What to Do When Your Garage Door Opens and Closes by Itself

A half-open garage door full of light

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Automatic garage door openers are prone to a variety of problems, most of which are fairly easy to fix with routine troubleshooting and maintenance. But one of the more perplexing issues is when the door goes up and down by itself, with no help from you. It can seem quite ghostly, having your garage door operate with a mind of its own. It can also be a security problem when it opens to expose your belongings when you aren't home. A garage door that closes on its own can also be a safety concern, especially in a home with children.

There are several places you can begin looking for solutions to this strange behavior.

Check With Your Neighbors

In rare instances, a nearby neighbor may have a garage door opener set to the same wireless code as your opener. This is rare, but it does occasionally happen. It is quite easy to check—just have your neighbor activate his or her garage door and see if your door begins to move. The solution here is for you to reset your garage opener to a new code—every garage door opener has instructions for how to do this.

Inspect the Control Wiring

An exposed spot or a short circuit in the small-gauge wire that leads from the garage door opener's motor unit to the control button on the wall may well cause your garage door to operate all on its own. All that's necessary for this to happen is for a bare spot in the wire to brush up against the metal door track or another part—the electrical impulse will cause the motor unit to be activated.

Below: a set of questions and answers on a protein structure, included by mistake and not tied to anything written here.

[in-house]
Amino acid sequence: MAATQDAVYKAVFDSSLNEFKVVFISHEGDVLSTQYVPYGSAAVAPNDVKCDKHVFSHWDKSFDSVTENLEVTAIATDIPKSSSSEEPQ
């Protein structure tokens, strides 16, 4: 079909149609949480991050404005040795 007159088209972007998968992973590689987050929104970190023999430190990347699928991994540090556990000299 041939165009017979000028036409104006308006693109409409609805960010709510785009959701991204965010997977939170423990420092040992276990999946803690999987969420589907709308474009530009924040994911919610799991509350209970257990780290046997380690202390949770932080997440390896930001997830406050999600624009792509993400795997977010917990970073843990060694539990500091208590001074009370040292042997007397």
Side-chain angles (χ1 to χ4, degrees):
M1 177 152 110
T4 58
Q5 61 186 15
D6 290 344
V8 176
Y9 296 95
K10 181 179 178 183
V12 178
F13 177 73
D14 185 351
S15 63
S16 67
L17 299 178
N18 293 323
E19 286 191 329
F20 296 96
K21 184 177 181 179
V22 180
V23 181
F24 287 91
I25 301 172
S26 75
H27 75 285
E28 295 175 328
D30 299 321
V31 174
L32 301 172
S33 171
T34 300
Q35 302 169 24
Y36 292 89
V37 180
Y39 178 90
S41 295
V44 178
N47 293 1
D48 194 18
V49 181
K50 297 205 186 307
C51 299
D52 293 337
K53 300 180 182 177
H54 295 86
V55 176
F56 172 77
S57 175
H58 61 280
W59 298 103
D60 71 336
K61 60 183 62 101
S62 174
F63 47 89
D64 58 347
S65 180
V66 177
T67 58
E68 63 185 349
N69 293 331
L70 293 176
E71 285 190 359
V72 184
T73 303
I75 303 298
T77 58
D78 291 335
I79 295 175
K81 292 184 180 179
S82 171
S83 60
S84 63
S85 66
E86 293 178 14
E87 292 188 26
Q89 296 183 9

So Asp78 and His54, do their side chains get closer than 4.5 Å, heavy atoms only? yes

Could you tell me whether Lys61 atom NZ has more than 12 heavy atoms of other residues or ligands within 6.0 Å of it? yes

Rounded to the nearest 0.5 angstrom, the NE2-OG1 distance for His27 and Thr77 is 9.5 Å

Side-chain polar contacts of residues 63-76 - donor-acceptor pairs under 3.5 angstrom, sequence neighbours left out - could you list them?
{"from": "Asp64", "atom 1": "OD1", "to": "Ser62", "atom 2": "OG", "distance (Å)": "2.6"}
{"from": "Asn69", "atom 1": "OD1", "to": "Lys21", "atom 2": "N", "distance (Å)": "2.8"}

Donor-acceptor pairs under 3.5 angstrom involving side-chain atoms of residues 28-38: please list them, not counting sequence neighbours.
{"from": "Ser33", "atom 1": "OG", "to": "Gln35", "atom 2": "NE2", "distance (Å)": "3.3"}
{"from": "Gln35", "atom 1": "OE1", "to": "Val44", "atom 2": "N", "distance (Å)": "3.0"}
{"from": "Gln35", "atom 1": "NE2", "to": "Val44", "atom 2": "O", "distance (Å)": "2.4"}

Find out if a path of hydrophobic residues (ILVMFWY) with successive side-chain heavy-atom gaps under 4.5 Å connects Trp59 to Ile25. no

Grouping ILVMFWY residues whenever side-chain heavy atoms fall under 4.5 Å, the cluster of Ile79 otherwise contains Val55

Another thing to check is the wiring between each of the safety sensor eyes at the sides of the door and the motor unit. These are low-voltage wires, so you don't have to worry about shutting off the power to check them. Look for damaged insulation, bare strands of wire, or even a nail or staple piercing the wire. When this happens, it's often down near the sensor eyes themselves, where mice can sometimes chew through the insulation or the wires are damaged by a broom or shovel.

It's a fairly easy matter to replace these small wires. The wire can be purchased at any home improvement center or hardware store.

Check the Control Buttons

If the wires appear to be in good shape, next look at the control button mounted near your side entry door. If it is old or dirty, the button may stick. The symptom of this is a garage door that is in constant motion, opening fully then immediately descending, only to start the same cycle again. There may also be loose wire connections inside the button housing itself. As these wires short against the housing, the electrical impulse causes the door opener to activate. Replacing a malfunctioning control button is another very easy fix.

Possible Circuit Board Issues

When a garage door descends on command but then immediately reverses itself, the problem is usually with the sensor eyes along the side tracks or with the door's wheels binding in their tracks. But when the door begins to descend all on its own, the problem may point to the opener's logic board or the circuitry inside the motor unit itself. Garage door technicians have reported instances of this, sometimes accompanied by the opener's lights flashing, much in the same way that some door openers flash when the sensor eyes detect an obstacle.

Theoretically, it might be possible to repair circuit board problems—the problem could be a matter of resoldering a loose connection. This isn't a project for most casual DIYers, although it might be worth the exploration if the alternative is to replace the garage door opener anyway. But having a service technician come out to attempt such a repair will probably cost you as much—or more—than replacing the garage door opener entirely.

Installing a new opener is a very doable project for any moderately handy person. Given that the problems with your opener pose real safety and security risks, a new opener makes a lot of sense if you can't stop its mysterious behavior soon.